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These small cast bronze scallop shells were used as money in central Italy.
RR90918. Cast bronze Aes Formatum, cf. G. Fallai, IAPN 8, pl. 6, 2-2e; Alvarez-Burgos P28; Thurlow-Vecchi -; molded from bipod shell, weight 22.675 g, maximum diameter 28.4 mm, $155.00 (€134.85)
 


Iberian Celts, Hacksilver, c. 300 - 150 B.C.

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CE73111. Silver hacksilver fragment, cut from a disk ingot; cf. Kim and Kroll 59; Van Alfen Hacksilber 53 ff., 10.472g, 28.4mm, $155.00 (€134.85)
 


Leontini, Sicily, c. 476 - 455 B.C.

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Leontini was founded by colonists from Naxos in 729 B.C. Six miles inland, it is the only Greek settlement in Sicily not located on the coast, Originally held by the Sicels, the site was seized by the Greeks to gain control of the fertile plain to the north.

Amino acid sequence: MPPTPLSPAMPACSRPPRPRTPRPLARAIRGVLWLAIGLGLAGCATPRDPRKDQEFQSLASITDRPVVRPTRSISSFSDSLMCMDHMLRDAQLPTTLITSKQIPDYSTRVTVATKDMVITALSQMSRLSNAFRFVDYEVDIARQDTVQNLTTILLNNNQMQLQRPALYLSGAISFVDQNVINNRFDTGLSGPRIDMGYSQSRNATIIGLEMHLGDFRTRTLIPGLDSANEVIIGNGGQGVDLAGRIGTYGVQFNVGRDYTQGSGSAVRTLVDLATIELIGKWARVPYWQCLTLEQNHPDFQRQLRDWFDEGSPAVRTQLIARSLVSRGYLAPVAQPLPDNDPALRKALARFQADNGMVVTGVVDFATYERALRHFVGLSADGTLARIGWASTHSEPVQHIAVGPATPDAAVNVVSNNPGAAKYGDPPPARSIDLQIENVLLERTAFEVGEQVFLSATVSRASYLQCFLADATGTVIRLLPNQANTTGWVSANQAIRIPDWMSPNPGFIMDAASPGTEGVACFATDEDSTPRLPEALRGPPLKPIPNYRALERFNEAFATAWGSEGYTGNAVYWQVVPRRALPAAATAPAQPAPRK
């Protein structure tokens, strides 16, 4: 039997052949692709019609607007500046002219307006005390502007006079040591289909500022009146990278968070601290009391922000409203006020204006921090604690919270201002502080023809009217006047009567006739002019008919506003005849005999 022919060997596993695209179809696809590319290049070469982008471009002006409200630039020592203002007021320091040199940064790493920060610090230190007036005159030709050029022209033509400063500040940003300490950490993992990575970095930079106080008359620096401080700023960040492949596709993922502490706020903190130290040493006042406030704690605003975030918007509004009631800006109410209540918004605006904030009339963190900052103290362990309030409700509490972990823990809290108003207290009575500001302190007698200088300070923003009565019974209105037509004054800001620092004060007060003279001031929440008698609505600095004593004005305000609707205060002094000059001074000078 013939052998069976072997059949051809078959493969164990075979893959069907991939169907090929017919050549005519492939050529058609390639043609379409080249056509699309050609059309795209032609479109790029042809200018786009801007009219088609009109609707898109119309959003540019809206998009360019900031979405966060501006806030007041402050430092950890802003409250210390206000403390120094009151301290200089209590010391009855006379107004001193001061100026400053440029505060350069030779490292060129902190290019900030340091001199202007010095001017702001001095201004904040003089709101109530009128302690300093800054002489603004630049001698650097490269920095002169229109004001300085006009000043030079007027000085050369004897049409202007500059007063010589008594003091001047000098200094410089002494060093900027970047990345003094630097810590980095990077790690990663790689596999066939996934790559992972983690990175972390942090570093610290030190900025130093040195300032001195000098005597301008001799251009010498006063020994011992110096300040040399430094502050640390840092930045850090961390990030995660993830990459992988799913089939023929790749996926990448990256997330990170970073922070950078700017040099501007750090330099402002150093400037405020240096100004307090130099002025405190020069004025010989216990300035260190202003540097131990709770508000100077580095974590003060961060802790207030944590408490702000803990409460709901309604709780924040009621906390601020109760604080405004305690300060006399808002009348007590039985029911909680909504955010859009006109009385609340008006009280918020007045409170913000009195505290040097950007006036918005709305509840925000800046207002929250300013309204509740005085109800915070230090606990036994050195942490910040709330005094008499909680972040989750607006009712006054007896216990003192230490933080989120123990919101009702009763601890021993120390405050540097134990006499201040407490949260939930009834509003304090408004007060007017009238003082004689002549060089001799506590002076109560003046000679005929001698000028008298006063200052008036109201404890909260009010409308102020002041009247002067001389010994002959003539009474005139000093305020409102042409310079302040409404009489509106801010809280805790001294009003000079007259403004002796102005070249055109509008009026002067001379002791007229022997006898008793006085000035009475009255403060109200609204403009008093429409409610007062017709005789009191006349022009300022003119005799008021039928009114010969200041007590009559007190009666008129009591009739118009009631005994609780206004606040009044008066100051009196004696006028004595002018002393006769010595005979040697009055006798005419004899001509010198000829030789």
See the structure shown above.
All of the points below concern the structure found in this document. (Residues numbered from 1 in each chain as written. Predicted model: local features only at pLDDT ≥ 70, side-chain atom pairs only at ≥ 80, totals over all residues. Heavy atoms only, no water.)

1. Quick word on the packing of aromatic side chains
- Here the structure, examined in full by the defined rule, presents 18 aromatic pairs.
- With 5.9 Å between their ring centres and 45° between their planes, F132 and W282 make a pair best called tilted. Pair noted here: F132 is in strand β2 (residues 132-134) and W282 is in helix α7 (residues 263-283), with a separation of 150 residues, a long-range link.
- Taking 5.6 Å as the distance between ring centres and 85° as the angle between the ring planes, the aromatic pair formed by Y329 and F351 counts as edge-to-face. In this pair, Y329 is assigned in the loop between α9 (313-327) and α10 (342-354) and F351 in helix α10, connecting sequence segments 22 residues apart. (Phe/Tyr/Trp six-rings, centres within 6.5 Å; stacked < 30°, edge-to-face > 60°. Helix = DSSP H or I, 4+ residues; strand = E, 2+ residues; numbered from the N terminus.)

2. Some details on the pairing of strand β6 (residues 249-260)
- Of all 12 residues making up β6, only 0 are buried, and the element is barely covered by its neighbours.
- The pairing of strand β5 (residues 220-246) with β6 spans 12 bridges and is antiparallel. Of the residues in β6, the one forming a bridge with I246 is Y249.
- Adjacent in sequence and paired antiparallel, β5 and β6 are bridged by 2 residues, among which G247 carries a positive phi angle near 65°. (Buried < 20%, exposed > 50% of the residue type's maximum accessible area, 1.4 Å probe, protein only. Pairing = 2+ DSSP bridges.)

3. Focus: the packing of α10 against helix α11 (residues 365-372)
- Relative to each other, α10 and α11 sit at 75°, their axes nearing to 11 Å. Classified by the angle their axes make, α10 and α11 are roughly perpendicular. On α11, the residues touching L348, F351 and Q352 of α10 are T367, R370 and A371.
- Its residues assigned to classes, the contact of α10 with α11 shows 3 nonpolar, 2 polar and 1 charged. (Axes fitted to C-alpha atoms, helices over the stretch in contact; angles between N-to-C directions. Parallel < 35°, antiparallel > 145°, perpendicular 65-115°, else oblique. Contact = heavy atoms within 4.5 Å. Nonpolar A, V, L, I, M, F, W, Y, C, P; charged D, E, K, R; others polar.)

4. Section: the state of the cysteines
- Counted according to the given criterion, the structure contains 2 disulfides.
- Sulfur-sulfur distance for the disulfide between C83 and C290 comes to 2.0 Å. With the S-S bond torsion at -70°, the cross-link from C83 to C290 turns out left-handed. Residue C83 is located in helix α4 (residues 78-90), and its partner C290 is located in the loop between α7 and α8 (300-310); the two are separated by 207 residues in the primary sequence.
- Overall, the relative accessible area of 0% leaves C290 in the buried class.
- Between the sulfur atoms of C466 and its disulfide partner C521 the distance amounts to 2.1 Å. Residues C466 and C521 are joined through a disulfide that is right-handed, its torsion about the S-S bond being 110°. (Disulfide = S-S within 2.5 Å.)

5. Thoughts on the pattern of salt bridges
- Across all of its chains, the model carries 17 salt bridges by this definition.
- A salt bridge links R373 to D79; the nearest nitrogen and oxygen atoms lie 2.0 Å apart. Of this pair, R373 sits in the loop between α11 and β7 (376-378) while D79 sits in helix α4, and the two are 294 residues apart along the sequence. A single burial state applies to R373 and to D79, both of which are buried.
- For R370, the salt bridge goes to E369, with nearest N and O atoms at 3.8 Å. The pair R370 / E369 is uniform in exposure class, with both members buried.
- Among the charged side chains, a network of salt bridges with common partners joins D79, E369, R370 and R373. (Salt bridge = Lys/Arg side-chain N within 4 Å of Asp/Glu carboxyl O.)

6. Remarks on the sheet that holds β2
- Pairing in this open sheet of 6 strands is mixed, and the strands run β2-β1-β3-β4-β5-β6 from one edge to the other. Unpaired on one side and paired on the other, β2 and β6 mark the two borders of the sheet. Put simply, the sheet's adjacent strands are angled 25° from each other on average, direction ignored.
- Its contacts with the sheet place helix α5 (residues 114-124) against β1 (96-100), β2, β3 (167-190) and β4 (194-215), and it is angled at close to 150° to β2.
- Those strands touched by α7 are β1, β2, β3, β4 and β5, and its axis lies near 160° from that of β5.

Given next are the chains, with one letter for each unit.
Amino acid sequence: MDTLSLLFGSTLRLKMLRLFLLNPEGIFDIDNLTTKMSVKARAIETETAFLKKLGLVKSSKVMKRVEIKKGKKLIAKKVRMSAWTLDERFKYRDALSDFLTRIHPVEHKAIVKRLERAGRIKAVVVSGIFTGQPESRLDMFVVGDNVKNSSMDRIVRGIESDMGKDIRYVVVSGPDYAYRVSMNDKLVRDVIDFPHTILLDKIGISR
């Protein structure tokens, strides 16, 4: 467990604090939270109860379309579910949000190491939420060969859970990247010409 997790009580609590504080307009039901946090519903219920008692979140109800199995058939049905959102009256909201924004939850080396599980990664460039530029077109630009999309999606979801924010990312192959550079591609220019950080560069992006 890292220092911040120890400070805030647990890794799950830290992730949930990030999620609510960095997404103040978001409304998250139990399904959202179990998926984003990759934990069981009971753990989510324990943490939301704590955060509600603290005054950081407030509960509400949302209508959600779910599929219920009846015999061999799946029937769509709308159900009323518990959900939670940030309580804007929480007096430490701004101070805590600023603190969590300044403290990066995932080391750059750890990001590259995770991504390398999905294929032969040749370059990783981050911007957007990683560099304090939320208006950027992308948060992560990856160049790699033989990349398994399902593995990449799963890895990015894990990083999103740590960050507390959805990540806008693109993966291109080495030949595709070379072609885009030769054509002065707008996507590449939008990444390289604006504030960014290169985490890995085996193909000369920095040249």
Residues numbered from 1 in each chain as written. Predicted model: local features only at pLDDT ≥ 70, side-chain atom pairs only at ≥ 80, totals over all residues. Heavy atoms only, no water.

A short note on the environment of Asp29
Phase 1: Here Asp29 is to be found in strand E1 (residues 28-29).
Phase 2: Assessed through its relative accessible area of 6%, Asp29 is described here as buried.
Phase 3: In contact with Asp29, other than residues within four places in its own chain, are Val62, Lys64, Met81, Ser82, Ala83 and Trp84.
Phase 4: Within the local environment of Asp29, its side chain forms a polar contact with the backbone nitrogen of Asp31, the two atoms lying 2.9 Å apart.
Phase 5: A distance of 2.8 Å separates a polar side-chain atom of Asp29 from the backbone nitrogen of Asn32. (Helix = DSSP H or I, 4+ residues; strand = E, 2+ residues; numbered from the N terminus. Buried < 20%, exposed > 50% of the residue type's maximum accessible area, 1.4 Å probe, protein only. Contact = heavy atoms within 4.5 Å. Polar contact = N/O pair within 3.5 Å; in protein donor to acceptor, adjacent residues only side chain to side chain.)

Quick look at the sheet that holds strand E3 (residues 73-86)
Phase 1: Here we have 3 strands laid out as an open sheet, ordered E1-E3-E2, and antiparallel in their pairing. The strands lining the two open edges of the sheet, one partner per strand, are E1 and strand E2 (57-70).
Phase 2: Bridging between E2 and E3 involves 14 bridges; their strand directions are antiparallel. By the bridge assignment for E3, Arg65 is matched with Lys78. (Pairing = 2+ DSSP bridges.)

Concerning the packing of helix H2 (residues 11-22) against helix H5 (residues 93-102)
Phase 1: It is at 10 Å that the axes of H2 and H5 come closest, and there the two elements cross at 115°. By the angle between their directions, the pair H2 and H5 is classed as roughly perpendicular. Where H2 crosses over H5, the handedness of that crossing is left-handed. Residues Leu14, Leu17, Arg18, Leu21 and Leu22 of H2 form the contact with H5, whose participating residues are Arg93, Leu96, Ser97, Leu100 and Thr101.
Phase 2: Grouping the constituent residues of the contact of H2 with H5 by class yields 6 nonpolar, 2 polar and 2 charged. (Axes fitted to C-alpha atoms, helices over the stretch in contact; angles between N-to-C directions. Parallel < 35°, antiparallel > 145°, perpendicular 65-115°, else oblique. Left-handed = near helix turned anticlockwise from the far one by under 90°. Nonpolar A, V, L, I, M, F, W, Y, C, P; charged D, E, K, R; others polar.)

GS65784. Silver hemilitra, SNG München 548; Boehringer Leontini B; cf. HGC 2 688 (R2, obol); SNG ANS 216 (obol, finer style); BMC Sicily p. 88, 22 (same); SNG Cop 342 (same), aVF, toned, crude style (perhaps a barbaric imitative), weight 0.280 g, maximum diameter 9.5 mm, die axis 0o, Leontini (or unofficial?) mint, c. 476 - 466 B.C.; obverse crude facing lion scalp, dot border; reverse LE/ON (retrograde), barley grain, within shallow round incuse; from the old stock of a retiring Ohio dealer acquired by Forum in 2012; very rare; $150.00 (€130.50)
 


Mende, Chalcidice, Macedon, c. 510 - 480 B.C.

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Mende was an ancient colony of Eretria, on the SW side of Cape Poseidion in Pallene. Its coins illustrate some forgotten myth of Dionysos, his companion Seilenos, and an ass. The wine of Mende was famous and is frequently mentioned by ancient writers. It is unlikely that Mende struck any coins after it was first captured by Philip in 358 B.C.